Taking Care of My Neighbors' Cat Last Weekend

A few days ago, I agreed to take care of the cat that lives downstairs. The cat lives with a couple, two 40ish-year-old white people, who get along very well and are constantly cooking delicious smelling food and getting into lesser illcit substances. Because of those two things and how they’re always going away, I can tell that they're happy together. Sometimes I wonder if they plan on having children, and if not, good for them because the world is pretty mucked up these days, and cats are more of our time. Their replacement for any recent children is a small, tufted fellow by the name of Wilco. Fairly well trained by cat standards, he will respond to both noise and hand gestures, but his constant physical animation is somewhat unsettling. There are few songs in his namesake’s vast catalog that approach the sense of nerved chaos that he creates.

As much of a pain taking care of this cat has been, in terms of having like three or four things you need to do with it per day (feed twice, clean litter box, be actively engaged with it for a while), it has been a pleasure spending time with him. The neighbors left last Thursday afternoon and I've spent much of the time I'm not at work with Wilco since then. I went out with ND writer Dennis Schmuck on Thursday and watched Game 6 of the Celtics / Heat series at Charlie's Kitchen. It was a miserable affair and we left and went our separate ways after the beginning of the fourth quarter. As we will all remember for hopefully a long time, LeBron James crushed things, and despite the Celtics’ strained effort, it was a moribund affair. I realized that I left after remembering James’ bounding, endless energy and leadership is unlike anything in any of major sports.

When I got home, I sat there with Wilco, this little animal depending on me for food and accompaniment for the next four days, and it made me glad that my problems were trivial, like a cat being a tiny jerk, biting my hand (no claws). Nobody is going to judge my life based on the way that I take care of a cat for a weekend, unless it gets involved in some sordid things (bath salts, economic policy, etc.), in which case I am responsible for something horrible. The Greeks already have it hard enough without a housecat messing up their conversion back to drachmas. The cat messed around with the laser pointer for a while, jumping onto this huge record collection set up in the living room, staring at the red illuminated dot planted squarely on the face of a Morrissey solo LP tilted at a 45 degree angle. He stopped to catch his breath, mouth agape and fangs exposed, panting like a much larger creature. I moved the pointer across the room, and he bounded upon the sofa and mashed up the cushions, chasing after a prey it would never capture.

There was something admirable about the small animal’s resolve, and whether it was a real or imagined foe, his unending chase made me reflect upon the stuff that I have chased in the past, the things that I have been passionate about and failed at. Our own private pursuits are undoubtedly equidistance to the public chase that James has been put upon, and the loudness of James’ public persona does not make either any less important (our goals are all important, yo). James’ ability to remain sterling and professional through the increasing cacophony of the public sphere is in the very best interest of that universal identity, of course, in that showing otherwise may only reveal a set of blood-soaked maws (and I mean that positively). I would want to smack Bayless with the outside of my hand forever, for instance.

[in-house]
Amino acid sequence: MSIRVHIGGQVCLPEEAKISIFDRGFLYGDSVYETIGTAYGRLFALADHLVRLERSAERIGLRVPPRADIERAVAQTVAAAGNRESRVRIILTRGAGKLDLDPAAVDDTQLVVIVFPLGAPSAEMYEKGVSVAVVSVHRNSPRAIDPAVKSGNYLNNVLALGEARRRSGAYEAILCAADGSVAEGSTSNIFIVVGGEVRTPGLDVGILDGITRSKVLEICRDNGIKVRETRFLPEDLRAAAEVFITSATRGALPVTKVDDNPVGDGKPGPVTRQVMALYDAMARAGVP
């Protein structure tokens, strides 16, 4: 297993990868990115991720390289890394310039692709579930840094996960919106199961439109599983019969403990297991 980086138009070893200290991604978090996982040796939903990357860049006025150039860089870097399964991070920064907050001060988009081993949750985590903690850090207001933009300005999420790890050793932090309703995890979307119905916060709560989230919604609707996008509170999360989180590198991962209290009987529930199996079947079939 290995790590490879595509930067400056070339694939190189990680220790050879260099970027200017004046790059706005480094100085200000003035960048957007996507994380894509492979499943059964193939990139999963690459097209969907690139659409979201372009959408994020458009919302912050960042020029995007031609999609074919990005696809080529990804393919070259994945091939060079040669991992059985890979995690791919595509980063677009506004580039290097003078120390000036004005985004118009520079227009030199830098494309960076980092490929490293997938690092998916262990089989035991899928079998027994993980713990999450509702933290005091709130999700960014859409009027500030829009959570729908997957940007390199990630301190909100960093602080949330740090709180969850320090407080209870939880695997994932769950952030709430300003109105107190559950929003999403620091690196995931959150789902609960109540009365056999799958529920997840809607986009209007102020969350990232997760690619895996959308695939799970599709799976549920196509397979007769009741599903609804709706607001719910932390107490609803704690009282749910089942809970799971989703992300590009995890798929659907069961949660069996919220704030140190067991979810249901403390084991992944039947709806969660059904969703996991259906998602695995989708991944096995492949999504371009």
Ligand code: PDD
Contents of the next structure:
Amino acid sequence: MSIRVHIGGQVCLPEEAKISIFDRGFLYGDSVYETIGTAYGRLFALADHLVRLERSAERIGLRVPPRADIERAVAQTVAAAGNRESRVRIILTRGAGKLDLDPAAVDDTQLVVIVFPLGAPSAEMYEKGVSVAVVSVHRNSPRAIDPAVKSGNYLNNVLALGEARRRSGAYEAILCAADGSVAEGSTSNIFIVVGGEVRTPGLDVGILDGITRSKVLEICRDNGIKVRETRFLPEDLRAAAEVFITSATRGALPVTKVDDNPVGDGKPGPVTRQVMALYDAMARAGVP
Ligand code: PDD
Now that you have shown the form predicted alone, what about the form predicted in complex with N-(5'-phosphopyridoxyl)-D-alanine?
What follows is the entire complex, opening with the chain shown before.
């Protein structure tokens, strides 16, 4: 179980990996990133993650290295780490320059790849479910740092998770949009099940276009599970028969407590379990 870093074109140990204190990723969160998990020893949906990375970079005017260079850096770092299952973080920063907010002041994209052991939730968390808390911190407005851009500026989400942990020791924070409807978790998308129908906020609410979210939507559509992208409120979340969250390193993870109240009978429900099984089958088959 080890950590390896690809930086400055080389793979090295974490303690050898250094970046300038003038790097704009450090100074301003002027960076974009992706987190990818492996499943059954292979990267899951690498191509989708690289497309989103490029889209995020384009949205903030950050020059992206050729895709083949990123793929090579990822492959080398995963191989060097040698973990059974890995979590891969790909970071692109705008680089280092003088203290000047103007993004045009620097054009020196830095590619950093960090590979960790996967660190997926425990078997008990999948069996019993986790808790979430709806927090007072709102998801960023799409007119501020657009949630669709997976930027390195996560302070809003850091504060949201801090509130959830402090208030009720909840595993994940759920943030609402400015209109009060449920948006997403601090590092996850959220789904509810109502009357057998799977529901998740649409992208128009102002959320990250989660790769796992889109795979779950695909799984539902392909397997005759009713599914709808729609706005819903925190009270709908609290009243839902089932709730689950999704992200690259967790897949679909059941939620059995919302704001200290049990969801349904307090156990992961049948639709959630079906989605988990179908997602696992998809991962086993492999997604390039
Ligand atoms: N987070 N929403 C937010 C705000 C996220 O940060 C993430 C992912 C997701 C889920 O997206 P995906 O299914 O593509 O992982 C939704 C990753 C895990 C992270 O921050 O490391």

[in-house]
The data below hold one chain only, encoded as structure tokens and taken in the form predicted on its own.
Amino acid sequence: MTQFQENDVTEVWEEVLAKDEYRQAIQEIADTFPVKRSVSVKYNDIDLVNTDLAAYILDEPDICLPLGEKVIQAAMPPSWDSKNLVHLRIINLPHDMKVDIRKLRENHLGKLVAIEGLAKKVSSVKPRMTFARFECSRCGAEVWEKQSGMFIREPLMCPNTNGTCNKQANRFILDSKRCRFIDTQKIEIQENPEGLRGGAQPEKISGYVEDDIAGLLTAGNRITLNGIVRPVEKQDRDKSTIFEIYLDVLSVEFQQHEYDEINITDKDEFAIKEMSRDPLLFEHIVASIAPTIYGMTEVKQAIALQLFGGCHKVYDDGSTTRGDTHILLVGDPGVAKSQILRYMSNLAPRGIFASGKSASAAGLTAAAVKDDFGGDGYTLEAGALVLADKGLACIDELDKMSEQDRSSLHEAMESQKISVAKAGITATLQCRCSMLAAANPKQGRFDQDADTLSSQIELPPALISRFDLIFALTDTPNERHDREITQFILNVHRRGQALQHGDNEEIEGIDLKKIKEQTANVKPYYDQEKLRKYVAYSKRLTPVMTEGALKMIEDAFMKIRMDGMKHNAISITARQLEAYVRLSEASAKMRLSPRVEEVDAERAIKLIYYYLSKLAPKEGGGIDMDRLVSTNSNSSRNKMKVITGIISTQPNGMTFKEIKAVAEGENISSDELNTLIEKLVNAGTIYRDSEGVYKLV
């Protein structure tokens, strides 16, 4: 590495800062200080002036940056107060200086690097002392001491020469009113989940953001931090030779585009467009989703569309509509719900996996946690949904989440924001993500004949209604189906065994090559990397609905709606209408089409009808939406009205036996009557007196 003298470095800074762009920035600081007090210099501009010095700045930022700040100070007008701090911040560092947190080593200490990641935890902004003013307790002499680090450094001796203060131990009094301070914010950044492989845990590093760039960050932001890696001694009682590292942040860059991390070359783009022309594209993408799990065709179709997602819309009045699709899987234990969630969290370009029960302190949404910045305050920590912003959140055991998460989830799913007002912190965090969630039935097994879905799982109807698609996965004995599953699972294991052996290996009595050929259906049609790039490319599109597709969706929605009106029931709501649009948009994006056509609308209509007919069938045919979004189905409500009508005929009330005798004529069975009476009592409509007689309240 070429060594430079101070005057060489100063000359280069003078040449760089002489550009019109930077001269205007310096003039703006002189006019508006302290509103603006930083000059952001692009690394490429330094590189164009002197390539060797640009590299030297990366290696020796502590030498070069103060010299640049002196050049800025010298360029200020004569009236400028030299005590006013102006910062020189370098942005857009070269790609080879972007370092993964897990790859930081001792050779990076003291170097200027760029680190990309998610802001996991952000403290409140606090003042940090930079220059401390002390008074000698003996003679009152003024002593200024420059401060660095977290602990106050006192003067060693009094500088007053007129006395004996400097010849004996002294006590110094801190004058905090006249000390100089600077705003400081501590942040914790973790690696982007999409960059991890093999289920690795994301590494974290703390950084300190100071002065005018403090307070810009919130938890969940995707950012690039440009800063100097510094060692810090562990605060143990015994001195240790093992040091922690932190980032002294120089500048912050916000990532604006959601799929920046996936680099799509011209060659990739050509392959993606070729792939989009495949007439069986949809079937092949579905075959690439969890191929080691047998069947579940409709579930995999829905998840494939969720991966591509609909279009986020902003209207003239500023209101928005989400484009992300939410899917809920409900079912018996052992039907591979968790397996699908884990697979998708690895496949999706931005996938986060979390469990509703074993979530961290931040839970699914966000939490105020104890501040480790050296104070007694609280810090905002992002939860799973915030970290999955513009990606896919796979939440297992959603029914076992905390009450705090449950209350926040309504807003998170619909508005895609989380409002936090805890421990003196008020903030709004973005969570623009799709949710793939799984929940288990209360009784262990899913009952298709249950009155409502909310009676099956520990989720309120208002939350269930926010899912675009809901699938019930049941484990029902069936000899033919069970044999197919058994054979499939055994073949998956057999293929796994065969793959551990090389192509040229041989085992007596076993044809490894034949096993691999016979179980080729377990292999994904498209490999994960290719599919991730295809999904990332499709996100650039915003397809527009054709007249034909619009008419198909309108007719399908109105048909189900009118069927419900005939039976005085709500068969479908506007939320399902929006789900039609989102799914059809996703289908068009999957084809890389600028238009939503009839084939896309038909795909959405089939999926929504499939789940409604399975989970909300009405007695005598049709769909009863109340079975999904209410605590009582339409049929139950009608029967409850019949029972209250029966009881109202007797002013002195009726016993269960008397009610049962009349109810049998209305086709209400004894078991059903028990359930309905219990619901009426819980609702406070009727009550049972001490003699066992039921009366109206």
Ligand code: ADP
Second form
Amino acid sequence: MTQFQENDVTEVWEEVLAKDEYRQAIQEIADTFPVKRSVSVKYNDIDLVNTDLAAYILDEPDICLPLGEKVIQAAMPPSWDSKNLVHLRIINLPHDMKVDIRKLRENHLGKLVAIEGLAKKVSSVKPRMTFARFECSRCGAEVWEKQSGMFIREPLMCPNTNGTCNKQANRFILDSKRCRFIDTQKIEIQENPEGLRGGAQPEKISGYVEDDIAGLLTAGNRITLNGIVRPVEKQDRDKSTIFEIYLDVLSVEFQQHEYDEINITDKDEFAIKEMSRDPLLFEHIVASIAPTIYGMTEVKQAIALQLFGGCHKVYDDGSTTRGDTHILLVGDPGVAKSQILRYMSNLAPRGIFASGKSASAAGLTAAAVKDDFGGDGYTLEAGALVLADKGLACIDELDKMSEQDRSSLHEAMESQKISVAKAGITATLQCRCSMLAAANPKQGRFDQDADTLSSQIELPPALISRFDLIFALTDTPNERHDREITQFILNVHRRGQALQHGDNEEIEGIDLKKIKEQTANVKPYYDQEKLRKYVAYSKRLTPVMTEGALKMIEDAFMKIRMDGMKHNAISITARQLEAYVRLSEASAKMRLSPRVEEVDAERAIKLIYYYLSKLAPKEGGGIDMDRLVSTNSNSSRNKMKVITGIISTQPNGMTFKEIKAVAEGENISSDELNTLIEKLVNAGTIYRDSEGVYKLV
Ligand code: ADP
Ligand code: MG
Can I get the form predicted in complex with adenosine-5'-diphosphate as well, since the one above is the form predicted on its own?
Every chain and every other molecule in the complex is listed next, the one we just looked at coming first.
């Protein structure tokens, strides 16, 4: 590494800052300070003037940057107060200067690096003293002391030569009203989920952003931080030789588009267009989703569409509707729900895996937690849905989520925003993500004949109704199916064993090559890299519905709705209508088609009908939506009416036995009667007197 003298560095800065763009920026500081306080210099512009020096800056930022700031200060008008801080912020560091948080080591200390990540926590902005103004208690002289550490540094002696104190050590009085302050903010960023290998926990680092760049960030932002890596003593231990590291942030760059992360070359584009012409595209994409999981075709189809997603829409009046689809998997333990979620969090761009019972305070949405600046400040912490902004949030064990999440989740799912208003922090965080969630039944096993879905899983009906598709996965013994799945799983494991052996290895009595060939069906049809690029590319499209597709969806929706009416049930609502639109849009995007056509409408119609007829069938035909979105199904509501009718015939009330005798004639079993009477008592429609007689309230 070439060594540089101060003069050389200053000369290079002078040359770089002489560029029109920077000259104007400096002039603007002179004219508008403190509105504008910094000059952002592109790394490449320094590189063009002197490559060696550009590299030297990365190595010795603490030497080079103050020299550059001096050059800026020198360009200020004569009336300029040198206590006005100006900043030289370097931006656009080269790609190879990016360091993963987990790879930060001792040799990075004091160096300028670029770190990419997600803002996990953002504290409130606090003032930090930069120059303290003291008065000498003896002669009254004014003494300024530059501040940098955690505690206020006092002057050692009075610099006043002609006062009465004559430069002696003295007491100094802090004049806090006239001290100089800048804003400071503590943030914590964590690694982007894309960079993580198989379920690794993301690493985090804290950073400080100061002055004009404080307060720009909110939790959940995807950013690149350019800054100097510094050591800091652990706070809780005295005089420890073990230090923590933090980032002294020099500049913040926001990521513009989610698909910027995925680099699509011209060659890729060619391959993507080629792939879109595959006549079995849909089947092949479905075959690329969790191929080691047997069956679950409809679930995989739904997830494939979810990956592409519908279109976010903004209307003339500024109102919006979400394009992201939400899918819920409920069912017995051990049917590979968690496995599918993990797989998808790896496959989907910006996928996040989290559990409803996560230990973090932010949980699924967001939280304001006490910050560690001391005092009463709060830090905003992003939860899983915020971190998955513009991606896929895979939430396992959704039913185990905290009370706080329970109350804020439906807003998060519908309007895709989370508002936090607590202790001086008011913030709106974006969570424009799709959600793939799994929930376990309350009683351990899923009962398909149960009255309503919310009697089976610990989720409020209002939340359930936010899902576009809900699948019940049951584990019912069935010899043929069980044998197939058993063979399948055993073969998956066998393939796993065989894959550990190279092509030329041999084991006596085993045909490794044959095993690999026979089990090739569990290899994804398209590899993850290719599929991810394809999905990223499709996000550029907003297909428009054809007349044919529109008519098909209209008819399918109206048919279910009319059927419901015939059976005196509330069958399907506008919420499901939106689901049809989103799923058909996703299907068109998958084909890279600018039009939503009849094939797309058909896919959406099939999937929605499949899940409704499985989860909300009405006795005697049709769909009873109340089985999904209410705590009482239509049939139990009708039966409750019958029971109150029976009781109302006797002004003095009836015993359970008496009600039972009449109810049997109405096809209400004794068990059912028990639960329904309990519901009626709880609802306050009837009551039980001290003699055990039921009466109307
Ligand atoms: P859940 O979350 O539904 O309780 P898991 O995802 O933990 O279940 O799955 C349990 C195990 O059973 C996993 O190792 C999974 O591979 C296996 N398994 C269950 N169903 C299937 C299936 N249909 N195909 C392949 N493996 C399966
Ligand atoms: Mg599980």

James’ desire for immortality within sports almanacs is in great contrast to that of his younger, stretchier adversaries in the Finals, whose range of play usually alternates between “crazy” (Westbrook), “unconscious” (Durant), and “gimmicky” (Harden), and who remain the most modern stars of the league despite their opponent's outsized frame. While LeBron James might be a YouTube clip of endless, beautiful windmill dunks on breakaways, Kevin Durant is an animated gif from the post-game presser where he winks after a funny reply. There is a temporal nature to James that does not exist in a person just a few years younger. It feels almost generational. While Durant will practice his craft, dominate smaller opponents and wear great big glasses in public for the next couple of years without much criticism, James’ expectations for himself are markedly higher and (because of his status) more immediate in the eyes of the public. They are undoubtedly higher than what we expect.

Unfortunately for him, the tendency towards perceiving things with such instantaneous zeal is something unavoidable for people living in this age. #YOLO, as the mantra goes. James is hitting the physical peak of his basketball career, which is troublesome for the Grand Narrative where he is either the savior of post-Jordanian pro ball, or a very amazing version of Karl Malone who will lose forever. There are more complicated narrative matters that only belong to James himself. The truth is in that a world without clear-cut cultural immortality, James is a person who represents a world we have already lost (the world of long-lasting influence), and his proceedings here will best be reflected by the generations who will be benefited by his wealth. Even if he wins this series and destroys narrative once and for all, LeBron James will keep chasing the red dot.

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